Keeping the heart healthy actually involves nourishing the entire body. So your best strategy is not just about sticking to a few healthy staples – your heart will thank you for mixing up and varying the items we share with you here.
Potatoes get a bad rap, but they aren’t actually a refined starch. They are full of potassium, which lowers blood pressure, and fiber, which lowers your risk of heart disease. Purple potatoes especially offer significant levels of antioxidants, but red and white potatoes are a close second. Potatoes
are whole foods and as long as you don’t deep fry them, can be a healthy meal choice.
Wild salmon (not farmed)
Wild salmon is a great source for omega-3 fatty acids, which are known to improve the metabolic markers for heart disease. Salmon also has a high level of selenium, an antioxidant that offers cardiovascular protection. The catch is that this advice goes only for wild salmon, not farmed. The farmed version is full of antibiotics and other unnatural feed. It is also much more prone to contamination brought on by overcrowding than its wild counterpart.
It seems counterintuitive to think that meat could be good for your heart, but liver contains a huge range of nutrients, including protein, zinc, copper, iron, and vitamin C. A serving of about 3.5 ounces of liver has more than your daily recommended amount of vitamin B12 and six grams of healthy fat. It is one of the most well rounded sources of protein you can choose.
Nuts in general contain lots of healthy omega-3 fatty acids. Walnuts in particular have folate, vitamin E, and fiber as well, all of which benefit heart health. In analysis, walnuts had the highest levels of antioxidants among popular nuts, which can lower cholesterol, conquer free radicals, and reduce inflammation. As long as you eat them unsalted, walnuts are a great choice for your heart as well as your brain – they are also known to help keep memory sharp.
It only takes a spoonful of chia seeds to reap the benefits. They are positively loaded with healthy stuff, including fiber, protein, omega-3s, calcium, manganese, phosphorus, and magnesium. They also contain some zinc, vitamin B3 (niacin), potassium, vitamin B1 (thiamine), and vitamin B2. That’s a winning combination that is known to help reduce bad cholesterol and clear out plaque buildup. Chia seeds can be mixed into yogurt, oatmeal, or smoothies, or sprinkled on salads.
This one is no surprise. Science has long shown that oatmeal is excellent for heart health. The soluble fiber in oats reduces LDL (bad) cholesterol levels for starters, but is also soothes inflammation and offers all the perks of whole grains in terms of lowering blood pressure and protecting against diabetes and weight gain. Steel cut and rolled oats are both great choices, but avoid instant or flavored oats because they are typically loaded with processed sugar.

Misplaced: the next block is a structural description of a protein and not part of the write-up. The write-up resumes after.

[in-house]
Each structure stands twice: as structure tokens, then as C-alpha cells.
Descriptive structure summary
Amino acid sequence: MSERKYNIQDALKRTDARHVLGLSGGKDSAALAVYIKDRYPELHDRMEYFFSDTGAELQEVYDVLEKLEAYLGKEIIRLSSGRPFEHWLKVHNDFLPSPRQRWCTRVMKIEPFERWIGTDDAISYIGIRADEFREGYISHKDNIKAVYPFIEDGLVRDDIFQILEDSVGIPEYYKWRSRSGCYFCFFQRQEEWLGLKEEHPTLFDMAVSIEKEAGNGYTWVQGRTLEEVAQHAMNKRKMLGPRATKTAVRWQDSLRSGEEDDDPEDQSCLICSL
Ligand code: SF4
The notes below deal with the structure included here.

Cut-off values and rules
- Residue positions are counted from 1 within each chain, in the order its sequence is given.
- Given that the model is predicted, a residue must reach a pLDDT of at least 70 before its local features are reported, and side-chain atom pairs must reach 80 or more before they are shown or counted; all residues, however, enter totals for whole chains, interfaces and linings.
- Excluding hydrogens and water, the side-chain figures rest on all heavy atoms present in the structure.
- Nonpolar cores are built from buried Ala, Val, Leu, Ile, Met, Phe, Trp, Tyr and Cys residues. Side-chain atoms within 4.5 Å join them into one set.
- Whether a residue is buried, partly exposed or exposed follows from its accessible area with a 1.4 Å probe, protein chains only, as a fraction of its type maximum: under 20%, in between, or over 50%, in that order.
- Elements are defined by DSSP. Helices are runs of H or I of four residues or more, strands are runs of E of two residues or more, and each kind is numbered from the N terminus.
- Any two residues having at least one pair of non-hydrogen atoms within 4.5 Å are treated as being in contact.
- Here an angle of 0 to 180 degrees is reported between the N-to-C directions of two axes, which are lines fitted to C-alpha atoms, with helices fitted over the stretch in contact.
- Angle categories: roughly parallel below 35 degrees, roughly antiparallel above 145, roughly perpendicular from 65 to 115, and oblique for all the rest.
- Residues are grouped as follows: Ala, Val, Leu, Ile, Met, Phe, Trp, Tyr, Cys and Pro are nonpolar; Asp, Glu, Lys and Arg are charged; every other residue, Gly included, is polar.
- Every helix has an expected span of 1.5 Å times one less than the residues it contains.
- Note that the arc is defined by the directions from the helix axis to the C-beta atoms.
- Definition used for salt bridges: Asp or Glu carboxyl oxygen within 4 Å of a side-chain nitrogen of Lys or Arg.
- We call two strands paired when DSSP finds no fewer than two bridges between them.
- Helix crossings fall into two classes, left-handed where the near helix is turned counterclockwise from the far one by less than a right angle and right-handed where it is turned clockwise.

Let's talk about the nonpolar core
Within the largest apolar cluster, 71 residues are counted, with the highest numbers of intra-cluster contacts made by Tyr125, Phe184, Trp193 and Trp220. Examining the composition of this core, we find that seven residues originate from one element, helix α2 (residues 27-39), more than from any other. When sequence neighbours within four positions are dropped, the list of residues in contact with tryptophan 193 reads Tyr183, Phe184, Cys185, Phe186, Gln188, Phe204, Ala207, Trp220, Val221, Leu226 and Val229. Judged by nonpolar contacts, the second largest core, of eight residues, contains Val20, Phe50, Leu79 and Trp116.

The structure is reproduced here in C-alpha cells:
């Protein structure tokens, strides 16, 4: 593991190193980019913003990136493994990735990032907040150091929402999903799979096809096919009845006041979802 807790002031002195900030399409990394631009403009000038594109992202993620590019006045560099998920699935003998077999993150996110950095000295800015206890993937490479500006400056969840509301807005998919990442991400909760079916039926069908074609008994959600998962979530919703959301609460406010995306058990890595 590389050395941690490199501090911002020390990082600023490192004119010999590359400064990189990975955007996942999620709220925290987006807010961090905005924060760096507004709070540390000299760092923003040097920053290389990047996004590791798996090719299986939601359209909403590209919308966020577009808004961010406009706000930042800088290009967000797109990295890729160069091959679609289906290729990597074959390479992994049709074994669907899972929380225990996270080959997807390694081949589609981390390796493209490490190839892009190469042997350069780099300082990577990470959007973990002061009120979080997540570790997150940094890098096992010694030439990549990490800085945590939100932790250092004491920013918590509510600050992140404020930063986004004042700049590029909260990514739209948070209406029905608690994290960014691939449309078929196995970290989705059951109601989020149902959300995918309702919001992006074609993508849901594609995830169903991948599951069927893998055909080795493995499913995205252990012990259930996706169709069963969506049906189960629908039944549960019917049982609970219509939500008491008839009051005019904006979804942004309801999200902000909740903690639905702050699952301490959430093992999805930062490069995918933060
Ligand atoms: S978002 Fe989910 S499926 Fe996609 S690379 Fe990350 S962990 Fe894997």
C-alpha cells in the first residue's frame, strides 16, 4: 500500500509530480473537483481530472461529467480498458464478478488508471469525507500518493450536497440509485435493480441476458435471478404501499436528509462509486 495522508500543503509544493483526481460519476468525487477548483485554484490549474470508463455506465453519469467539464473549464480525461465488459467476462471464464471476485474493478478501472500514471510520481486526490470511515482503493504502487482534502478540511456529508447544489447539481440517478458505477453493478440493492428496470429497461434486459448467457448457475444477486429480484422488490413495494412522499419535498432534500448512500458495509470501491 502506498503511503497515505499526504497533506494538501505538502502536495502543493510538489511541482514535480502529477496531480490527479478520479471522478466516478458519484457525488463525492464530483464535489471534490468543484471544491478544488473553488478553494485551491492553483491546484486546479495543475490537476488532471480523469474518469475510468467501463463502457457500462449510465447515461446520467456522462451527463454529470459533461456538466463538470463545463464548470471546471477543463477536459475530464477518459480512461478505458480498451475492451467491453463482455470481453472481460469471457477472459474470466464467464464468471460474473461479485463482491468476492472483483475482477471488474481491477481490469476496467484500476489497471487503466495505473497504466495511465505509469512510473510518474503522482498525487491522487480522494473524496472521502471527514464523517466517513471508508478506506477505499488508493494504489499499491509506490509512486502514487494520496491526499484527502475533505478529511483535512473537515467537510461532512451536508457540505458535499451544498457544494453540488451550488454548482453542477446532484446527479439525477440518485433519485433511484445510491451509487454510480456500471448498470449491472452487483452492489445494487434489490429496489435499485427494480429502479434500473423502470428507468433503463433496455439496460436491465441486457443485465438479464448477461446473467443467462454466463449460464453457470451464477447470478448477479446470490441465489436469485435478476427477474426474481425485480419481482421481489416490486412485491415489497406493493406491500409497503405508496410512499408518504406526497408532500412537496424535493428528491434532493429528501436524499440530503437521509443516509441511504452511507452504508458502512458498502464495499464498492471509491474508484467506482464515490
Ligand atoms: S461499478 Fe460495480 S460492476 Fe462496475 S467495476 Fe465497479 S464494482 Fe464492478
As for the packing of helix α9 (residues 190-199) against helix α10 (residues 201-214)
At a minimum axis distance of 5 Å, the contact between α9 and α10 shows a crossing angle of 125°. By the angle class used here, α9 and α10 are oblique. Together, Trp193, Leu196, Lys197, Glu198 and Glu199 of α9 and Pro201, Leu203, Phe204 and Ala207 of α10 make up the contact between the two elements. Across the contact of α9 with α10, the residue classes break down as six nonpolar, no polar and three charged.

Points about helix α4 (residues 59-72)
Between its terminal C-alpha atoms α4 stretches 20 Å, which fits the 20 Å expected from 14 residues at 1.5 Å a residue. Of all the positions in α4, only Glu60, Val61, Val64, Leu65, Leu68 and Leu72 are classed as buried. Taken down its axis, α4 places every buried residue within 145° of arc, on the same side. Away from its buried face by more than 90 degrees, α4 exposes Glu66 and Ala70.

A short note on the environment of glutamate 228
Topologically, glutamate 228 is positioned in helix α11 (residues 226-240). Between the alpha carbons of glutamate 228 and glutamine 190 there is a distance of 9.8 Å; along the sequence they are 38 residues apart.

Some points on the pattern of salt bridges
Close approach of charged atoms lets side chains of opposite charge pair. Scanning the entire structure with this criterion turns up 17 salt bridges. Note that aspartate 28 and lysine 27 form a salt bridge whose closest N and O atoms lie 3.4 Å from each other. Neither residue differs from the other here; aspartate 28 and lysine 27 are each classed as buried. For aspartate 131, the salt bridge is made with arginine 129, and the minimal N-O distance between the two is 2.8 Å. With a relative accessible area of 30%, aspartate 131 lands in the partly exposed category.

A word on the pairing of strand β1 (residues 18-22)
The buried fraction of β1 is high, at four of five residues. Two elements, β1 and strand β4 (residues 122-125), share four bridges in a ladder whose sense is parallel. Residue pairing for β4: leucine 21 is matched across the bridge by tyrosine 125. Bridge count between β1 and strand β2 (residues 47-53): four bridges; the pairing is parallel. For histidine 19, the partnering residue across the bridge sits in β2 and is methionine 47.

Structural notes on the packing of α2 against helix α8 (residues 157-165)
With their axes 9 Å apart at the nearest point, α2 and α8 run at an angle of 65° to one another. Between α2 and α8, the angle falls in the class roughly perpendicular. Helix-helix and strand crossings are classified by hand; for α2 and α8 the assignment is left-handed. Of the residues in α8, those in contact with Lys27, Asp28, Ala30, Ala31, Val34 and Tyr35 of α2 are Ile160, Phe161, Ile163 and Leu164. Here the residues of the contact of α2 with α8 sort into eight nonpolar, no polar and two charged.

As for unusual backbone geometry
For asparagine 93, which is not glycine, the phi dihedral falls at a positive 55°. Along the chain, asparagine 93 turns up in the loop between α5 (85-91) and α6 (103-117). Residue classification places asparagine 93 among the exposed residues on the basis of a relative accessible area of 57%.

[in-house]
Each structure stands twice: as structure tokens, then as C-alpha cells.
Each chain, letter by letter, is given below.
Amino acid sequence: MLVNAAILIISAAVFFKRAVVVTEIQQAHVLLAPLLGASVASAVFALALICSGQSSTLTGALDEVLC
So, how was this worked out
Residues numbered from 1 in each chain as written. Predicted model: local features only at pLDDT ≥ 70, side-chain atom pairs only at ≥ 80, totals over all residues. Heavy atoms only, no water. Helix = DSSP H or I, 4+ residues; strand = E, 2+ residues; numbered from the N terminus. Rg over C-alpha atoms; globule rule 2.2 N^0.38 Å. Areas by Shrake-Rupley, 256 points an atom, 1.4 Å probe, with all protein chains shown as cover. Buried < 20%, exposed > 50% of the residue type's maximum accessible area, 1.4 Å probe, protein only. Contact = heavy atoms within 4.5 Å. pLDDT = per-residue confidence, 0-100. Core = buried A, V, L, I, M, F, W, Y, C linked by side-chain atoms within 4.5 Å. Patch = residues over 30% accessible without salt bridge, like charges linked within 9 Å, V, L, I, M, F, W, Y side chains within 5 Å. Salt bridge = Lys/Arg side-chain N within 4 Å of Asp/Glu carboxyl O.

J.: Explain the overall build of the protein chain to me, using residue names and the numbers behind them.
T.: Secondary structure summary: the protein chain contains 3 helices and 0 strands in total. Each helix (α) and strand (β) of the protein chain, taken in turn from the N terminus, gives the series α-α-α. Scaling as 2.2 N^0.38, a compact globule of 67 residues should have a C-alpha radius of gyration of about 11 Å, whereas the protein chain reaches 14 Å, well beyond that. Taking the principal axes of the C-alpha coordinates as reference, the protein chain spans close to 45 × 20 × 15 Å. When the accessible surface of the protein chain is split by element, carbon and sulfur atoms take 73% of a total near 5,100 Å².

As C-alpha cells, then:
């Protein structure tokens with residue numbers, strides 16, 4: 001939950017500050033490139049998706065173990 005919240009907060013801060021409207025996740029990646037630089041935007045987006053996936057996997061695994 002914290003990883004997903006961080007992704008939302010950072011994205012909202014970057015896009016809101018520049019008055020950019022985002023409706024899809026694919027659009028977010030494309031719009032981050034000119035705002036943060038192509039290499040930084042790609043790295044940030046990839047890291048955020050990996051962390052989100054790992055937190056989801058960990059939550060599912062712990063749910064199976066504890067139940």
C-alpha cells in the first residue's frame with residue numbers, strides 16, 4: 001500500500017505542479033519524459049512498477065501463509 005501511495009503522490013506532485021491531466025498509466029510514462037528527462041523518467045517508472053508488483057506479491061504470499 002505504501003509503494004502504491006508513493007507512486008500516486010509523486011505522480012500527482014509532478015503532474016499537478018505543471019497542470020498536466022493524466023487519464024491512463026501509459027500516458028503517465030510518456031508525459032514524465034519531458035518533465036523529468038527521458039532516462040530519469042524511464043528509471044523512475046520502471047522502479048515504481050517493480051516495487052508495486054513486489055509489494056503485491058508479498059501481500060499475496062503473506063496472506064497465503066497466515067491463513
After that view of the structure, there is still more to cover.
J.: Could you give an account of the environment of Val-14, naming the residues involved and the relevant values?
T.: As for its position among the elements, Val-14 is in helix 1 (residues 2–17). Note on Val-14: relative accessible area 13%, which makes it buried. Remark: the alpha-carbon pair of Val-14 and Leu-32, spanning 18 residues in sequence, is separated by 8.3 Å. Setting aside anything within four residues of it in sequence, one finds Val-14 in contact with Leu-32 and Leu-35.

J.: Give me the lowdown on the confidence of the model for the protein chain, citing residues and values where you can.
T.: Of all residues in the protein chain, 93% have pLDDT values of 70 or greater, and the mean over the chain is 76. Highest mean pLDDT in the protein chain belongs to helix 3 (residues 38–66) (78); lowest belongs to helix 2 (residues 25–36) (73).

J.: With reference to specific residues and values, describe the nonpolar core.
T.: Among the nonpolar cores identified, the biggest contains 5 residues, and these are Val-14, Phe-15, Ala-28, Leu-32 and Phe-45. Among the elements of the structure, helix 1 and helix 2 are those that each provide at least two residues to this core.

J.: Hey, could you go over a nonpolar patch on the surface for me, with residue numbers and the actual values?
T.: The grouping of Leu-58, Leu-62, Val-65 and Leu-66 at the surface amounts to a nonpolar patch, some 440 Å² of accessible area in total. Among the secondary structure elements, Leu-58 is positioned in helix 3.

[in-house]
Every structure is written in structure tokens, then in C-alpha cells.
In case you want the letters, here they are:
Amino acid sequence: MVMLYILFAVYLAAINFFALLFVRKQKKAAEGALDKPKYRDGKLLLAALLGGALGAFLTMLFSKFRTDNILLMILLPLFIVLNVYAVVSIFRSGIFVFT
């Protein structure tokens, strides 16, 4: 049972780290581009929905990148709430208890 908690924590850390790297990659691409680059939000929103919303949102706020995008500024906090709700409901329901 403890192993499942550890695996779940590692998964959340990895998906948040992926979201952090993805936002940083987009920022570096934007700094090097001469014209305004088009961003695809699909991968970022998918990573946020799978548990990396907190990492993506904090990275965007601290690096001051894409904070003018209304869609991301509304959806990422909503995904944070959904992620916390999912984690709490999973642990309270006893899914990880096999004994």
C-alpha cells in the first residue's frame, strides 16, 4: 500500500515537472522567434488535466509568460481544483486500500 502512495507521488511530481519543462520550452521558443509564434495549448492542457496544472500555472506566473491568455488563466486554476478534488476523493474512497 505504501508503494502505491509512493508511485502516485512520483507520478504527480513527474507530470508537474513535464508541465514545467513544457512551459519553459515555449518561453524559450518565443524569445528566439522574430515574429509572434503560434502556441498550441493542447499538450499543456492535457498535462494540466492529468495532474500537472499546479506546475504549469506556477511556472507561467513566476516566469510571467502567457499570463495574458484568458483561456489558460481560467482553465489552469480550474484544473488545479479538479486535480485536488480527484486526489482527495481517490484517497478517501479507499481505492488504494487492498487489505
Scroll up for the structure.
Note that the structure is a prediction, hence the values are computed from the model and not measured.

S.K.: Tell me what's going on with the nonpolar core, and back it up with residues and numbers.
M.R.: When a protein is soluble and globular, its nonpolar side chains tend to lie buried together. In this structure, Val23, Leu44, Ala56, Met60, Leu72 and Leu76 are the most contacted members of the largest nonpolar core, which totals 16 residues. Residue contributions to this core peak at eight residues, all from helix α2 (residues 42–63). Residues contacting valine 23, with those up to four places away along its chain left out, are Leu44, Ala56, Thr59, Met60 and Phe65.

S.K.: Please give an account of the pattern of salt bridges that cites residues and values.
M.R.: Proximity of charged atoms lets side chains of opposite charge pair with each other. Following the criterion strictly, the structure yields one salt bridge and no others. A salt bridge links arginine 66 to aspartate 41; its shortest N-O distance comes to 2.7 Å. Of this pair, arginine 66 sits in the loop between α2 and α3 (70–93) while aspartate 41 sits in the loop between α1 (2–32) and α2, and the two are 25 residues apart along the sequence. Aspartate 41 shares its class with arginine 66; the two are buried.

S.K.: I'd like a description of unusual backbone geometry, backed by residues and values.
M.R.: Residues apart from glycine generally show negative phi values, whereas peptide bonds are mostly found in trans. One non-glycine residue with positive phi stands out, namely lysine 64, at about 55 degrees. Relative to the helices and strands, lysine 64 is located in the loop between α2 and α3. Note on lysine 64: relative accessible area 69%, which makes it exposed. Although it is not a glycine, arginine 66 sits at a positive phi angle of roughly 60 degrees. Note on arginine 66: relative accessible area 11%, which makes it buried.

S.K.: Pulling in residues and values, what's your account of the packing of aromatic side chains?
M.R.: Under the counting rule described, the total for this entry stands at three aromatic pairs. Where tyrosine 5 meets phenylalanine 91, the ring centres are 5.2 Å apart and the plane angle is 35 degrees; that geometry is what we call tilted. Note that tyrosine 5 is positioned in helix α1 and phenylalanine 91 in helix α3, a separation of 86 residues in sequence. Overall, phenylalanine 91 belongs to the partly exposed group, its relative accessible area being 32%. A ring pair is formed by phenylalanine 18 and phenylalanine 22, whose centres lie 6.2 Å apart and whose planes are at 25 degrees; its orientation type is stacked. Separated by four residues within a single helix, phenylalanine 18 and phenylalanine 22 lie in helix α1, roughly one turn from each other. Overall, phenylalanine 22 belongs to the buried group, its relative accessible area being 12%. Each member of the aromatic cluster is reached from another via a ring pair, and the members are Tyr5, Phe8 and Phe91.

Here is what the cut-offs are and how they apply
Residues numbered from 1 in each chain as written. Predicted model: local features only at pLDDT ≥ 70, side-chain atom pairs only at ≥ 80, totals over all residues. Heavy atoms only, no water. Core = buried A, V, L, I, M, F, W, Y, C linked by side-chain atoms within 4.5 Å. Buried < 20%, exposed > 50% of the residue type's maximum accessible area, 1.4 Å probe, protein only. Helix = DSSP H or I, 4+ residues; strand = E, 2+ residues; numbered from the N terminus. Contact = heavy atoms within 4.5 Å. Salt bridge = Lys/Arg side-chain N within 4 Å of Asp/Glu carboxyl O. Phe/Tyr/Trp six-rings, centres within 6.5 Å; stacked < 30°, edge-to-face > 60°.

Green tea is associated with many health benefits, including lowering LDL (bad) cholesterol, triglycerides, and blood pressure. It also contains catechin and flavonoids, which are antioxidants that benefit the heart and may even reduce the risk of blood clots. Long used by Chinese herbalists for its medicinal benefits, the act of drinking hot green tea is soothing in itself. Stress is also bad for your heart, so enjoy a cup or two today.
This sweet snack has been known for quite some time to help reduce high blood pressure, which obviously has positive effects on heart health. Researchers believe the benefits are due to the high potassium content, but raisins are also packed with antioxidants that can boost your immune system. Additionally, raisins contain both soluble and insoluble fiber, which means they can help to lower cholesterol levels. All around, raisins are a great snack.
Doctors recommend a diet rich in dark green veggies, but cauliflower also offers a ton of health benefits without any bitter aftertaste. It is full of antioxidants that reduce inflammation as well as fiber that helps to regulate digestion and eliminate excess cholesterol. Cauliflower contains allicin, too, which is a substance also found in garlic that reduces cholesterol levels. With a very mild flavor, cauliflower can be eaten raw, roasted, or mashed.
As long as you don’t peel them, apples offer a bunch of antioxidants, especially polyphenols, which have the benefit of keeping good and bad cholesterol levels in balance. Apples also contain fiber to help push out bad cholesterol, and pectin, which can actually block the absorption of cholesterol. An apple a day can reduce your LDL cholesterol by as much as 40%! But apples are not just good for the heart. They are also known to help control appetite, reduce cancer risk, and protect healthy lung function.
Just to drive home the point that heart-healthy foods are not necessarily tasteless and boring, here is a fun addition to the list. As long as you choose varieties that are at least 70% cocoa, dark chocolate helps to lower blood pressure and increase blood flow due to flavonols that relax arteries. It also contains flavonoids that can protect against environmental toxins and repair damage in the body. Avoid chocolates that contain palm oil and a ton of added sugar, but otherwise, feel free to indulge.
Heart-healthy foods can be delicious, too. For example, oatmeal serves as an excellent base for apples, raisins, or walnuts. Potatoes are a great side dish but can also be a main course, topped with the veggie of your choice. And what better way to start and end the day than with a cup of green tea? (Maybe a bit of dark chocolate would be preferred.) When you understand exactly what these heart-healthy foods are doing in your body, the motivation to consume plenty of them comes much more easily. Eat up!